For once in these bodyswap comedies, the two central performers have combined to closely tie their mannerisms together. The joy of the film is Barbara Harriss boisterous performance. She has the ability to make the activities of a roaming false eyelash into something side-splitting. Her sly preening to the audience persuading Marc McClure to drive: In the very least Im a fruitcake, but what kind of a person are you to let a fruitcake drive a car? is wonderful. It is a truly great shame that Barbara Harris seems to have entirely vanished from the acting profession today. Jodie Foster, who had just come from the success of Taxi Driver (1976) and only age 14, gives a fine performance too.
The film is full of so many droll, witty deadpan gags just the image of housewife Barbara Harris skateboarding down the driveway before her bewildered husband John Astin. There are a number of rather entertaining slapstick scenes with out-of-control washing machines and an electric typewriter that manage to blow up a whole classroom. Although by the climactic chase where several cop cars in predictable Disney fashion take to the air, get triangularly compacted and bifurcated by crashes into walls, and Jodie Foster takes to the air on a set of water-skis, things get a little over-the-top even for this.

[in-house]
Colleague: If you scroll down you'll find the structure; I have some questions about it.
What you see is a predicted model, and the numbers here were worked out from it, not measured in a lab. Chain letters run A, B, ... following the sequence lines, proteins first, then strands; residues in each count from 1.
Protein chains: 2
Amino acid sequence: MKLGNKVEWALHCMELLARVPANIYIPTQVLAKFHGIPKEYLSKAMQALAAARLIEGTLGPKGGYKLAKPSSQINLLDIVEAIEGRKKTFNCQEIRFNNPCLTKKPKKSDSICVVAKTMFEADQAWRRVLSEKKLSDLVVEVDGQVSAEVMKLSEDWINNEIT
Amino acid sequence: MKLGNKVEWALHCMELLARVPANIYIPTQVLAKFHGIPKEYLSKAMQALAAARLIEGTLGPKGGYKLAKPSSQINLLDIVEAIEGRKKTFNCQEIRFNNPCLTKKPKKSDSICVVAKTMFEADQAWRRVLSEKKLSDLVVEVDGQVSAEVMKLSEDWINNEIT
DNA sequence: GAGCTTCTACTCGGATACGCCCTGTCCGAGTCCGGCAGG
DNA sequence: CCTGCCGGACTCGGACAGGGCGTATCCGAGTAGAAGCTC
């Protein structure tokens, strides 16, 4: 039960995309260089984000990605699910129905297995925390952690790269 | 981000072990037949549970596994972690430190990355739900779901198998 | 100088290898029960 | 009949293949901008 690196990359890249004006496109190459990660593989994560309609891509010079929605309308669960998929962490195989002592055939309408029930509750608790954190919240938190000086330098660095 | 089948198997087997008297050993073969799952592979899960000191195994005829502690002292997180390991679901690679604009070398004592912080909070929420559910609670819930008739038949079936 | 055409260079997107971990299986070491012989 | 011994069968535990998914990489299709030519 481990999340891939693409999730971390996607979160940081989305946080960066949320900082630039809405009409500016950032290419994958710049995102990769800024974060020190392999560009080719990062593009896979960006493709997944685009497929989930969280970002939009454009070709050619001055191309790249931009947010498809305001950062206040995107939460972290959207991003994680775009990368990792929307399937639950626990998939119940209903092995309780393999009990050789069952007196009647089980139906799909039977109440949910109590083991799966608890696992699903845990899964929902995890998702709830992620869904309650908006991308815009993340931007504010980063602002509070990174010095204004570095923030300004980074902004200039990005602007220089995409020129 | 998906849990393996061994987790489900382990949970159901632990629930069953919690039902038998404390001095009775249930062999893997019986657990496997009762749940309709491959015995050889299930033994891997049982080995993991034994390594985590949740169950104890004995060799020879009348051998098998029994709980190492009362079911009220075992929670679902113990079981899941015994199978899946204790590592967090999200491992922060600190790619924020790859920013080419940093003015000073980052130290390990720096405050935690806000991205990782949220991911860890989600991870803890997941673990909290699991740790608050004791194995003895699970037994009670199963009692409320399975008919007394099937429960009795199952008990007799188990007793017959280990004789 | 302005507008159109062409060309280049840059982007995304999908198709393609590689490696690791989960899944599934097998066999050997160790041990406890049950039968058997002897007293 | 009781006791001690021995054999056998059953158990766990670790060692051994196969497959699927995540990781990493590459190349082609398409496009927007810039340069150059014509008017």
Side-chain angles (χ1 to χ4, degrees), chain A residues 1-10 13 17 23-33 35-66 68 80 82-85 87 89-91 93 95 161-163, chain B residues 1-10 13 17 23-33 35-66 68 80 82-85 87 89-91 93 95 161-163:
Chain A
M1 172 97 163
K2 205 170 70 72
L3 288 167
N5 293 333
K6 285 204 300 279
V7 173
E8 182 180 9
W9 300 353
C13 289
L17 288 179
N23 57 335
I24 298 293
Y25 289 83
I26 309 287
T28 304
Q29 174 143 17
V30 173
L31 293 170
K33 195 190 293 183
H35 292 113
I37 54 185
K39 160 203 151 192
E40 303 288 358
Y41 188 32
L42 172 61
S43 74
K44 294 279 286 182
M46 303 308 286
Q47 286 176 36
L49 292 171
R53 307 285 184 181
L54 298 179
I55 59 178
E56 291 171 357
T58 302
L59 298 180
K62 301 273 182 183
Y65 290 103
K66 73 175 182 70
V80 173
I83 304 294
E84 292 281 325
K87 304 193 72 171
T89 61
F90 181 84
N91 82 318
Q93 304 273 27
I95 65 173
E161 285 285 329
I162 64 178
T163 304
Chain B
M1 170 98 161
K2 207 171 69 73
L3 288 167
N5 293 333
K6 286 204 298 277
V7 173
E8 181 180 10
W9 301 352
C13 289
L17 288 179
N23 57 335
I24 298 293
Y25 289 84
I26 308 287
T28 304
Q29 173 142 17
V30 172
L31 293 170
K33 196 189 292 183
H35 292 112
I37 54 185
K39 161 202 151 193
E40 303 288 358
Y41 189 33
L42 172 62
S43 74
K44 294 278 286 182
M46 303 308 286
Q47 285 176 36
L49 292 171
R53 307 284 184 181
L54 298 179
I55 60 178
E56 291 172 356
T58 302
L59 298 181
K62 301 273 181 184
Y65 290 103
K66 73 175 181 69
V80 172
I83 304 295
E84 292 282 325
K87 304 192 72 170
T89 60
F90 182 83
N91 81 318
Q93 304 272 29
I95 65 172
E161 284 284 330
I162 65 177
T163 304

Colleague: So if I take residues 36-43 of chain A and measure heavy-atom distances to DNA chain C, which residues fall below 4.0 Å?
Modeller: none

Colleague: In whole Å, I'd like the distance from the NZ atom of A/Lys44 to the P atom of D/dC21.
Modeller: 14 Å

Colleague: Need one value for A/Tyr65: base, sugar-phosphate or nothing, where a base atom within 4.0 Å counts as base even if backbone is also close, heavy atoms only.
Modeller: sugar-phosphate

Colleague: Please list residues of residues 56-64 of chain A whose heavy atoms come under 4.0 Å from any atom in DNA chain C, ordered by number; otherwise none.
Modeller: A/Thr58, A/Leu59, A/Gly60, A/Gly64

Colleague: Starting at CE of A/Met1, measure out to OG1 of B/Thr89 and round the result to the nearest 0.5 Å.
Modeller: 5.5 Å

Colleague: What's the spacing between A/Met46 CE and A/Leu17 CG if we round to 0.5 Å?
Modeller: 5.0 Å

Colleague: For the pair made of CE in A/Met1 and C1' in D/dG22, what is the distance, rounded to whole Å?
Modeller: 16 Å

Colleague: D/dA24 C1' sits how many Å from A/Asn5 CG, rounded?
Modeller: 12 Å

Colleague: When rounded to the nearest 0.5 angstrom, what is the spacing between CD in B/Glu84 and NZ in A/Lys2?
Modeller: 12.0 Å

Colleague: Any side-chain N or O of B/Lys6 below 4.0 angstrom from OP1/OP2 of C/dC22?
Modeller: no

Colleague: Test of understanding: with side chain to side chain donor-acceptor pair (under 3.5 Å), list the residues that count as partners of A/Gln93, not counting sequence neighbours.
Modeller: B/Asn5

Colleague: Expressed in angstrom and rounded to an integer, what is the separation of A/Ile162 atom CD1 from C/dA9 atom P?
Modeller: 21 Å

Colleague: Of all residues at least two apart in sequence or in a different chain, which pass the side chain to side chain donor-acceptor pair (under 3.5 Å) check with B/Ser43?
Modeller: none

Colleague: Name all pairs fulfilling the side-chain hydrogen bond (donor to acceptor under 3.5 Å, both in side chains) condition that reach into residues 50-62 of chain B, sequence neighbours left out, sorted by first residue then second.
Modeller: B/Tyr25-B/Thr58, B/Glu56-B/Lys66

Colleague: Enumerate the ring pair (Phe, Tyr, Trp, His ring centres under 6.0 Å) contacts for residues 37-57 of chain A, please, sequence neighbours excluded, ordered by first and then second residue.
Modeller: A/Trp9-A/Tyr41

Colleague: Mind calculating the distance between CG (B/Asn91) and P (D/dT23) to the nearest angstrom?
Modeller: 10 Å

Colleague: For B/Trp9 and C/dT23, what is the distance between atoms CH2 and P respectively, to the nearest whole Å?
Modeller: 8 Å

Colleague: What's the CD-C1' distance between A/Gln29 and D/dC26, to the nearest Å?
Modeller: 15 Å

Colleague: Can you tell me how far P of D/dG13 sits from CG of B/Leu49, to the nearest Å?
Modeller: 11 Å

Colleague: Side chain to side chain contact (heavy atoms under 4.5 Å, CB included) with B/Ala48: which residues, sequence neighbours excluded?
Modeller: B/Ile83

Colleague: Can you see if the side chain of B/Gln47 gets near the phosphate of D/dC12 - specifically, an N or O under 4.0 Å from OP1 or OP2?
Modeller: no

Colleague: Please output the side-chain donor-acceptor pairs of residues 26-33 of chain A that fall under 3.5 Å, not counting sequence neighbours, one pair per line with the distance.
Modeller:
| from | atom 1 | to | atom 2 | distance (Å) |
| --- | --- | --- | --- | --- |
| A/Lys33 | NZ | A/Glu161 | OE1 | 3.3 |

Disney later remade this as a tv movie Freaky Friday (1995) with Shelley Long and Gaby Hoffmann in the mother-daughter roles, and then conducted an amiable cinematically-released remake Freaky Friday (2003) with Jamie Lee Curtis and Lindsay Lohan in the respective roles.
Freaky Friday was the highpoint of tv director Gary Nelsons career. Nelson next made the flop Disney science-fiction outing The Black Hole (1979) and Cannons Allan Quatermain and the Lost City of Gold (1986). The rest of Nelsons work has been in television.